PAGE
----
Analysis Of The Book ' Banana Bottom ' By Claude Mckay Essay

Analysis Of The Book ' Banana Bottom ' By Claude Mckay Essay

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“For the island colony was divided into three main groups in a political and social way. The descendants of the slaves were three-fourths of the population and classified as black or dark brown. The descendants of Europeans and slaves were about one-fifth of the population and classified as coloured or light brown. The rest were a few thousand East Indians and Chinese and perhaps the same number of pure European decent.” (Pg. 4) Claude Mckay blatantly describes the historical reality here in his novel, Banana Bottom. The reality that McKay is describing in Jamaica, directly relates to the history of the Caribbean and Jamaica specifically in the 19th Century.
The various differences in skin tone mentioned in this novel are not unintentional. The biracial and multicultural characters in Banana Bottom are an accurate representation of Jamaica in the 19th century. After the emancipation, many of the islands in the Caribbean needed to ship in laborers from other countries that were willing to work on the plantations. This was in order to maintain the economic demands and exports of sugar, and other agricultural crops.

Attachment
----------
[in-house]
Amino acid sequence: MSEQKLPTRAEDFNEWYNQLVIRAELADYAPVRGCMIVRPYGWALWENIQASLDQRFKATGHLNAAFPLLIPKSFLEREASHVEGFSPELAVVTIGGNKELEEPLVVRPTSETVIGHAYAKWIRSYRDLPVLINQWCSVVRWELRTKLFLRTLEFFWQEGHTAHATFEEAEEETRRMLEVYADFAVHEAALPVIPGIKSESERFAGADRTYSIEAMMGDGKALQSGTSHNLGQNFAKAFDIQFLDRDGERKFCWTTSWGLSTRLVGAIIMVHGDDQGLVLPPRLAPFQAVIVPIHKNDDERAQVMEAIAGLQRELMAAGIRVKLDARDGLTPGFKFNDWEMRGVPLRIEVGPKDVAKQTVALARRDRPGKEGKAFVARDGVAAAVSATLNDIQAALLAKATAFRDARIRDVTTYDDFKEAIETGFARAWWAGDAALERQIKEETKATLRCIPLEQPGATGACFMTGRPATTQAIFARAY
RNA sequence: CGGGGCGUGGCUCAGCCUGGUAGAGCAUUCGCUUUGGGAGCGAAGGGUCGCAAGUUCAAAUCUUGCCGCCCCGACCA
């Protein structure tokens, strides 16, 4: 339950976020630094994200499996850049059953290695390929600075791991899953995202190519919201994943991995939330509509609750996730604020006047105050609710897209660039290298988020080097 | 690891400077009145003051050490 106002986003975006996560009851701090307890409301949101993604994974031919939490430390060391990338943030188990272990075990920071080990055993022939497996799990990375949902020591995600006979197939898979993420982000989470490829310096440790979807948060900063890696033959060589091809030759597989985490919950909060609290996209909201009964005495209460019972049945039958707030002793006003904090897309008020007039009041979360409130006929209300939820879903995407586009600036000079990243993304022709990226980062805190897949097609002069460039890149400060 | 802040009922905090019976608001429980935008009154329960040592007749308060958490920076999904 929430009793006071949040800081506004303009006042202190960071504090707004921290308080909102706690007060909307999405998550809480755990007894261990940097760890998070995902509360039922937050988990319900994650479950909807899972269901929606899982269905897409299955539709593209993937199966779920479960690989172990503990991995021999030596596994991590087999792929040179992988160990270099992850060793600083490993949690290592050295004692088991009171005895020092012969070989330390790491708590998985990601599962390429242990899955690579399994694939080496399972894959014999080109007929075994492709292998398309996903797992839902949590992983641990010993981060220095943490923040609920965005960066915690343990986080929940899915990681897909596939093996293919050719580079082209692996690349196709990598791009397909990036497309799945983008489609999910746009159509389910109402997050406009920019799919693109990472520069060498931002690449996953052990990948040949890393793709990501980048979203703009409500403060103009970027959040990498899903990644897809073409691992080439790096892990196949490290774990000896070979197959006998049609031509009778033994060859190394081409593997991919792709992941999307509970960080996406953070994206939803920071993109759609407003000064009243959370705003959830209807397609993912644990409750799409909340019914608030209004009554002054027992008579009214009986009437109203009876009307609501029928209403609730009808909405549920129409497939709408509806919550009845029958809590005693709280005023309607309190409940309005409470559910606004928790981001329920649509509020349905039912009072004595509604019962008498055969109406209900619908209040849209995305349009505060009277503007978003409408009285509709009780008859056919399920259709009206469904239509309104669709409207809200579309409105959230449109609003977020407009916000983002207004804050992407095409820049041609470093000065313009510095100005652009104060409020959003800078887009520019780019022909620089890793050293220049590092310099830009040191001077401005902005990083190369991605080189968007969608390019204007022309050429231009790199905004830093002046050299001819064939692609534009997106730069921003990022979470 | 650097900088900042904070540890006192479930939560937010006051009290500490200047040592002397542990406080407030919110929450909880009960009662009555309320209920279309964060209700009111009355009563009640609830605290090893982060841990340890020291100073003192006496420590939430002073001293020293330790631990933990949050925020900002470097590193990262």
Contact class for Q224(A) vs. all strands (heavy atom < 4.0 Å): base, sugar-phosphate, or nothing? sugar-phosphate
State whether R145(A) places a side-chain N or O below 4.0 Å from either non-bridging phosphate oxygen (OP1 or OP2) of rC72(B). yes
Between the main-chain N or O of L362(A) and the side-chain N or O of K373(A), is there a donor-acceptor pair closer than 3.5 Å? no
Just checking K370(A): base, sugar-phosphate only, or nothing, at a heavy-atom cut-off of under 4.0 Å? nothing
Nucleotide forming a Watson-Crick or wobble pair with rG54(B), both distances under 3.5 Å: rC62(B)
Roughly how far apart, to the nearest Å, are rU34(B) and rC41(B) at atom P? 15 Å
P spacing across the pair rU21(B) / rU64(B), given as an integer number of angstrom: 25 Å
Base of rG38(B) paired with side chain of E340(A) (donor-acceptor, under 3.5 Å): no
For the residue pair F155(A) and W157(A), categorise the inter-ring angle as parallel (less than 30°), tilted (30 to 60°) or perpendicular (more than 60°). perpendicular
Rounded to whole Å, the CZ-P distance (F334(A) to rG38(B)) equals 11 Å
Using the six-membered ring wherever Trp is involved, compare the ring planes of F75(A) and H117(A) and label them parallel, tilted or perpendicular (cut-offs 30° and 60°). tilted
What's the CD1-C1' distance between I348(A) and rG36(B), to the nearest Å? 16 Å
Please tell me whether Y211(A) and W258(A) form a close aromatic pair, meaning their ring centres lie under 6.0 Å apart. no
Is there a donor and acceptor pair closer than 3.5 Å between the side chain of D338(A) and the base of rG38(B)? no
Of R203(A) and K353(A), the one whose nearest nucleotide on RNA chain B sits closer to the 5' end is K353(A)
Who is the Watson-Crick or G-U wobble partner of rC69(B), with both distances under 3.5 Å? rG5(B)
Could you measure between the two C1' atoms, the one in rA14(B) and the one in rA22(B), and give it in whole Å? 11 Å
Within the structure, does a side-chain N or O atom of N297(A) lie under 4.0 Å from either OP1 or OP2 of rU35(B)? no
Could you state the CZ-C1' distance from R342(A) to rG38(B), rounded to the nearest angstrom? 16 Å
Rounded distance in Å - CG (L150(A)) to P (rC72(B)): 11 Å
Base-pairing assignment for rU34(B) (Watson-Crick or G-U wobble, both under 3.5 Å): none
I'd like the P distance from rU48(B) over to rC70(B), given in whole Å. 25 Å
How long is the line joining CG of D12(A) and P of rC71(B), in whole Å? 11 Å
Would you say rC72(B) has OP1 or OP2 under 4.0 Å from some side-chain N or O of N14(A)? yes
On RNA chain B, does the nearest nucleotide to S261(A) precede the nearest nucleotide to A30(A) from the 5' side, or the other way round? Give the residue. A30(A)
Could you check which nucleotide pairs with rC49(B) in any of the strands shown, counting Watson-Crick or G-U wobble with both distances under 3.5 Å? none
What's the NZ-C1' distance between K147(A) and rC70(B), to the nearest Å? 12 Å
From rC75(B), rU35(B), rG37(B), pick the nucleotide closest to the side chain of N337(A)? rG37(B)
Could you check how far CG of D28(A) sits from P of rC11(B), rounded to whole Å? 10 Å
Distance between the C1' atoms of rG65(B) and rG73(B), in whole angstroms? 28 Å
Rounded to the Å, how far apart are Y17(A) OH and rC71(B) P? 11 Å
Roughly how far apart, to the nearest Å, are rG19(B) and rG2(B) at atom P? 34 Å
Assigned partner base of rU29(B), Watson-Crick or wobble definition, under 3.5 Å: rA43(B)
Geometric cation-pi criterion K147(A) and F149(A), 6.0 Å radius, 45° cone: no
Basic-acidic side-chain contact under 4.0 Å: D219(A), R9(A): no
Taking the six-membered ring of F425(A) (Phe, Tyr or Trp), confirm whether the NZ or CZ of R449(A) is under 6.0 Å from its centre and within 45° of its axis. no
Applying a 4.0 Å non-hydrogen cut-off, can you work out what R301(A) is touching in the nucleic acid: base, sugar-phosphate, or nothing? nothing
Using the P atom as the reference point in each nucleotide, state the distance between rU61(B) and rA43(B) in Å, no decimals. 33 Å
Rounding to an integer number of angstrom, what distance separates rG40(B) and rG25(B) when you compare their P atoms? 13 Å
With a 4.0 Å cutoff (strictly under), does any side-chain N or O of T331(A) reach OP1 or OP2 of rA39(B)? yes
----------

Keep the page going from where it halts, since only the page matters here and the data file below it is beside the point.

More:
The main character, Bita Plant is a native-born Jamaican girl who is later adopted by two white missionaries, the Craig’s. This leads Bita to be educated in Europe, and then returns to Jubilee in Jamaica, and eventually her hometown, Banana Bottom. Therefore, Bita represents the two sides of the Jamaican society. The hypocrisy that is all too frequent, accompanies religiosity, unrestrained enthusiasm for the arts and entertainments of the European folk, yet pride in black institutions and heritage. Bita is independent in thought and behavior, and is in discernment in the choice of the two competing philosophies.
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...r a time, for he represents that aspect of her that the Craig’s have attempted to remove. However he runs away from the responsibility when marriage is mentioned.
Perhaps of most racial significance is Jubban. Jubban is described as Blue black- a deep black and he is an ideal contrast to Bita’s other lovers: he is thoughtful, not overly intellectual, hardworking, and an emotional, responsive, and responsible lover and husband. He is serious, strong, and proud of his race and of his own accomplishments as a worker. He is the true complement of Bita and the foundation of her contentment.
Bita choosing Jubban in the end is a way of saying how “black is beautiful” it’s a reevaluation of race now. McKay is wrapping up his racial conflict of a story into a moral about how instead of the culture and race of the black community being repulsed it, in actuality, is stunning.

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